Zechariah 8:20-23 :: Psalm 87 :: Luke 9:51-56
This evening’s lections highlight for us a very important paradox about what we might call “the Religious world-view.” In our readings from the Hebrew Bible, both Zechariah and the Psalmist remind us that the beauty and goodness of religion have the power to bring people into a relationship with the Divine. Surely, this is true for just about every one of us here, whether we call ourselves religious or not. Both biblical authors imagine for us a context where the abundant beauty and goodness of God become so incarnated in the life and worship of God’s people that the people of the world will long for nothing more than to enter into that life.
Peoples shall yet come, the inhabitants of many cities; the inhabitants of one city shall go to another, saying, ‘Come, let us go to entreat the favor of the Lord, and to seek the Lord of hosts; I myself am going.’ … In those days ten men from nations of every language shall take hold of a Jew, grasping his garment and saying, ‘Let us go with you, for we have heard that God is with you.’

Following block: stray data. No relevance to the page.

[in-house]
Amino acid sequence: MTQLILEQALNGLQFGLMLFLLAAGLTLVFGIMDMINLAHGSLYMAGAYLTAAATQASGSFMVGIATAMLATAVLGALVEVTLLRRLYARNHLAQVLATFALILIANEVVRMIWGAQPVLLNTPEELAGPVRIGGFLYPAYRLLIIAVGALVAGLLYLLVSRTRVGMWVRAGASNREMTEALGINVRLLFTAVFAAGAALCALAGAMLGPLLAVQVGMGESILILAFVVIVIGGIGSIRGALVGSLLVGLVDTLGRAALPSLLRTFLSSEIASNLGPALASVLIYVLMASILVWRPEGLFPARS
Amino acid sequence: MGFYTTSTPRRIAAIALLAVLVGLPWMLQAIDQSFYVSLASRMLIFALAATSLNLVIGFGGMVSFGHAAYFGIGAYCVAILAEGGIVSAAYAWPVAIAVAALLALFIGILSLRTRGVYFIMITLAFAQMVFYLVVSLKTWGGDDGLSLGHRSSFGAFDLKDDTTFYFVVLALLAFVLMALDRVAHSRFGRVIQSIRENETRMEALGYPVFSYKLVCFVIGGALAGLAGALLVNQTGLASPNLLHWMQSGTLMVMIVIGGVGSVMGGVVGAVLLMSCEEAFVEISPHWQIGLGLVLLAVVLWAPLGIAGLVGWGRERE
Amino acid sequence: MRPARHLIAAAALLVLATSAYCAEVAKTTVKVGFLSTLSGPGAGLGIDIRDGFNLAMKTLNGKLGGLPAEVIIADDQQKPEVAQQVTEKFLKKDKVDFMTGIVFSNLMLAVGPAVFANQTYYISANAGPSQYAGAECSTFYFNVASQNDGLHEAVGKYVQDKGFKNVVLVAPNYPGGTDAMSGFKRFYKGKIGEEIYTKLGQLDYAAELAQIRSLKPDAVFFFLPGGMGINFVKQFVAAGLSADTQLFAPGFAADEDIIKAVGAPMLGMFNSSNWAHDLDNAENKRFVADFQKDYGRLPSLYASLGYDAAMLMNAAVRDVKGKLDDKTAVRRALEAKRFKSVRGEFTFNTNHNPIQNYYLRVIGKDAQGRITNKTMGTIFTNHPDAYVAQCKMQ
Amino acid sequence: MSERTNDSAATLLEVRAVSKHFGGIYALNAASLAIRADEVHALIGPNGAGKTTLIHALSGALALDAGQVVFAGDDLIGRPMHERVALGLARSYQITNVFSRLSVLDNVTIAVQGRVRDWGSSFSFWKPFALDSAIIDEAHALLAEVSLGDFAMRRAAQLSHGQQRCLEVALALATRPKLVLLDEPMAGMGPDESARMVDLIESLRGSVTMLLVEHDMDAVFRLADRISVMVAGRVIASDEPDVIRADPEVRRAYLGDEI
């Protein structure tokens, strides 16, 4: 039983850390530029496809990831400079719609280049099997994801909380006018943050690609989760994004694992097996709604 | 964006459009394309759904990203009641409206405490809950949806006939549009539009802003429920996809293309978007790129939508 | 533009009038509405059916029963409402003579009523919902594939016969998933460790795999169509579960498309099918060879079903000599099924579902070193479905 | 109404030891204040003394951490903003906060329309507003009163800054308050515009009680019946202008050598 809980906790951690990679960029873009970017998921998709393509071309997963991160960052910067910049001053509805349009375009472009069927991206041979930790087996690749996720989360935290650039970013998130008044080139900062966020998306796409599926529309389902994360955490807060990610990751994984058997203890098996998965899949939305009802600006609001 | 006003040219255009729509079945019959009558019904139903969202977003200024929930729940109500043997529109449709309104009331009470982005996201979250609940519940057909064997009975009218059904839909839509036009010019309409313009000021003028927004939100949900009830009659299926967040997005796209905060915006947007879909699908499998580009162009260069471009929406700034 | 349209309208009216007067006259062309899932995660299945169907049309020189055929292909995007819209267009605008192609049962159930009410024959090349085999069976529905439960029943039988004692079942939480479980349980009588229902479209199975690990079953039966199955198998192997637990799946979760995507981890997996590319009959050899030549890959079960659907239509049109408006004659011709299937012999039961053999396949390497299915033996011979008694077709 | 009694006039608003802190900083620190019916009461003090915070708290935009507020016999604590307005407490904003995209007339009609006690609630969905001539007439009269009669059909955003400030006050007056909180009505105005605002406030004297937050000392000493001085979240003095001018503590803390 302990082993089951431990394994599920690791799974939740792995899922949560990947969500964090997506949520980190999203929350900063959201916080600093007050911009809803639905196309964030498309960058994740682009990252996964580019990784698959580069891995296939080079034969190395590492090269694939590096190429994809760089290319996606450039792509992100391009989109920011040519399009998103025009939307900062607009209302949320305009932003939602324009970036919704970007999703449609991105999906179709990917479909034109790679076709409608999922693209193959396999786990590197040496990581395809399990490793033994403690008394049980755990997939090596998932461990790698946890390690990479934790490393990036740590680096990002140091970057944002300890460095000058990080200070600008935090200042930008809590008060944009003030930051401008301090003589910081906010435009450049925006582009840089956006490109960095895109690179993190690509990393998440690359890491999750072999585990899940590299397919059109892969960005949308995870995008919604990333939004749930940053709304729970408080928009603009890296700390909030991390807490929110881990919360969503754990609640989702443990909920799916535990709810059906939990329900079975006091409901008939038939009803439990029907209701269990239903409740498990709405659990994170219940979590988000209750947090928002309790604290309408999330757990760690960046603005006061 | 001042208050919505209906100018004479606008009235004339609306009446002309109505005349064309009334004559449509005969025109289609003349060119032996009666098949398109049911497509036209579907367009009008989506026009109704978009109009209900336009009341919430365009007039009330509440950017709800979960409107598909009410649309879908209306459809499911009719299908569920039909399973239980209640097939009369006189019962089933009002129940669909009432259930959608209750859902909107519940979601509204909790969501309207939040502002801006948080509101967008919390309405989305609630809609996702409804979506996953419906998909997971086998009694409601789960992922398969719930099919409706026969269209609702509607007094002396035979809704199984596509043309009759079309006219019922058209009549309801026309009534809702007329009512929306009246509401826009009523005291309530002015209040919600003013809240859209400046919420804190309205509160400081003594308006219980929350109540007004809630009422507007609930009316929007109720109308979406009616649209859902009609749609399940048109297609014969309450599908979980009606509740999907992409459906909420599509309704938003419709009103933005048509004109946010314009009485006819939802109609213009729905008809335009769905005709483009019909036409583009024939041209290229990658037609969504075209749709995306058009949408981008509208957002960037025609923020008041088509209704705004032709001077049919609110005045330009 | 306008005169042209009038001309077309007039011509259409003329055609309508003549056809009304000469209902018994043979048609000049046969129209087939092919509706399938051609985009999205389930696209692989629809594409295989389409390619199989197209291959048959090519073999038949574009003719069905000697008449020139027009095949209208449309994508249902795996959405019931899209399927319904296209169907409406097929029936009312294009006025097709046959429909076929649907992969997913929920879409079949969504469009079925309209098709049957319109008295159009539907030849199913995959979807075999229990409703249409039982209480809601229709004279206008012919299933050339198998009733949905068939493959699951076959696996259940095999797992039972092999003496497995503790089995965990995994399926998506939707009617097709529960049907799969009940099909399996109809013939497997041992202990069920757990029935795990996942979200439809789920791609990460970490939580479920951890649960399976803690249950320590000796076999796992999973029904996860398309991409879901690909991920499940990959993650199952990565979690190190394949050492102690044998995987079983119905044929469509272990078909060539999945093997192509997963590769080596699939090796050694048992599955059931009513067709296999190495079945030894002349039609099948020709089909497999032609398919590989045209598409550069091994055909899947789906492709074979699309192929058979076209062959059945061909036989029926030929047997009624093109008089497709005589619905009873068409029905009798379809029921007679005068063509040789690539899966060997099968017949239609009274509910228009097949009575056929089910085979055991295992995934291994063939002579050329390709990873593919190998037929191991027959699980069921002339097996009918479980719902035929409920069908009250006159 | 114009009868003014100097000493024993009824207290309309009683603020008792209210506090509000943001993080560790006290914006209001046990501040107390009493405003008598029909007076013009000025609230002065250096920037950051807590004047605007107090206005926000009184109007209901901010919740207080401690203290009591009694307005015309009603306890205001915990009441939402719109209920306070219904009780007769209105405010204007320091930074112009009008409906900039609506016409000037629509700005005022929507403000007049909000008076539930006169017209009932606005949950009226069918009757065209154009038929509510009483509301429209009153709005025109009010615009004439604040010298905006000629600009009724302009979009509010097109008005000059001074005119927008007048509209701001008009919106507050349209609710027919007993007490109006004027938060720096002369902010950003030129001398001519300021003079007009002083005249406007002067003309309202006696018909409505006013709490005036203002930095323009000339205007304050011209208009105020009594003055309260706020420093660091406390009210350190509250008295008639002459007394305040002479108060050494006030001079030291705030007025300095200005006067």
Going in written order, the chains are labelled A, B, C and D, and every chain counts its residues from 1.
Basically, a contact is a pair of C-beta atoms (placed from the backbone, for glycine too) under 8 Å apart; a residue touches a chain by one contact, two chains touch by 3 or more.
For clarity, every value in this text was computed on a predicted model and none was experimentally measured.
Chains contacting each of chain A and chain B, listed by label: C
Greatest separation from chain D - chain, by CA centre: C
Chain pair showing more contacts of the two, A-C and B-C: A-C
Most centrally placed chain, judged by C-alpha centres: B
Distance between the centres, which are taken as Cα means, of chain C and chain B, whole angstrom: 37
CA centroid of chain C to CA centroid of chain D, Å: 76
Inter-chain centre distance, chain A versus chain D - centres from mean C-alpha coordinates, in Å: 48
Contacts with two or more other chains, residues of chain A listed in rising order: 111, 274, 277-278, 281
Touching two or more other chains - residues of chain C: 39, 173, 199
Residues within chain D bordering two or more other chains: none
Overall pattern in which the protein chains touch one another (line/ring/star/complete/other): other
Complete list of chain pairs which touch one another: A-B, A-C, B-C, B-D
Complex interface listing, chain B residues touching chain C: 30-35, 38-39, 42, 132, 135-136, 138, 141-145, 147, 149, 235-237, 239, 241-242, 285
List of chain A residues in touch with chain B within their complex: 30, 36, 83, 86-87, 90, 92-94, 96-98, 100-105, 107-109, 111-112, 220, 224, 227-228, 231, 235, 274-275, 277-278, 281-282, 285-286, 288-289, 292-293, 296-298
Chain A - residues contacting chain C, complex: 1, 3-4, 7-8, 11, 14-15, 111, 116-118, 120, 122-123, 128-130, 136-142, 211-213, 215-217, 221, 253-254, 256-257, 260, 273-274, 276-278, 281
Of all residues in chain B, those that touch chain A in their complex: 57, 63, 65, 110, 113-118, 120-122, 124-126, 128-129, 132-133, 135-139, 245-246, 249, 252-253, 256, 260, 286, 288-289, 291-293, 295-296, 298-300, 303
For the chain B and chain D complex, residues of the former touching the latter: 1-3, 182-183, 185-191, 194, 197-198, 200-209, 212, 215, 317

Glorious things are spoken of you *
O city of our God.
Jesus is walking southward with his disciples to Jerusalem, a journey he would have made many times… but probably not on this particular route.[i] On this occasion they are walking from Nazareth – which is up north in the Galilee region – through the region of Samaria to get to Jerusalem. It’s 90 miles straight, following the hypotenuse of the triangle. However most Jews, walking from Galilee to Jerusalem, would set off east on a right angle, crossing over the Jordan River, then following the river southwards until cutting back westward over the river to go up to Jerusalem. This turned the 90-mile direct trek-on-foot into 120 miles; however it avoided Samaria.
Samaria was in the center of Palestine, 40 miles from north to south, and 35 miles from east to west. The Jews hated the Samaritans; the Samaritans hated the Jews. The Samaritans were colonists established by the Assyrians in the territory of Israel. The Samaritans claimed that they, too, were among God’s chosen people. But the Samaritans did not go up to Jerusalem to worship; they went up to Mount Gerizim in Samaria. There was “bad blood,” sometimes vitriol racism, between these two groups. Samaritans stayed amongst themselves. Jews taking a shortcut through Samaria were easy targets for hatred, sometimes for vindictive robbery.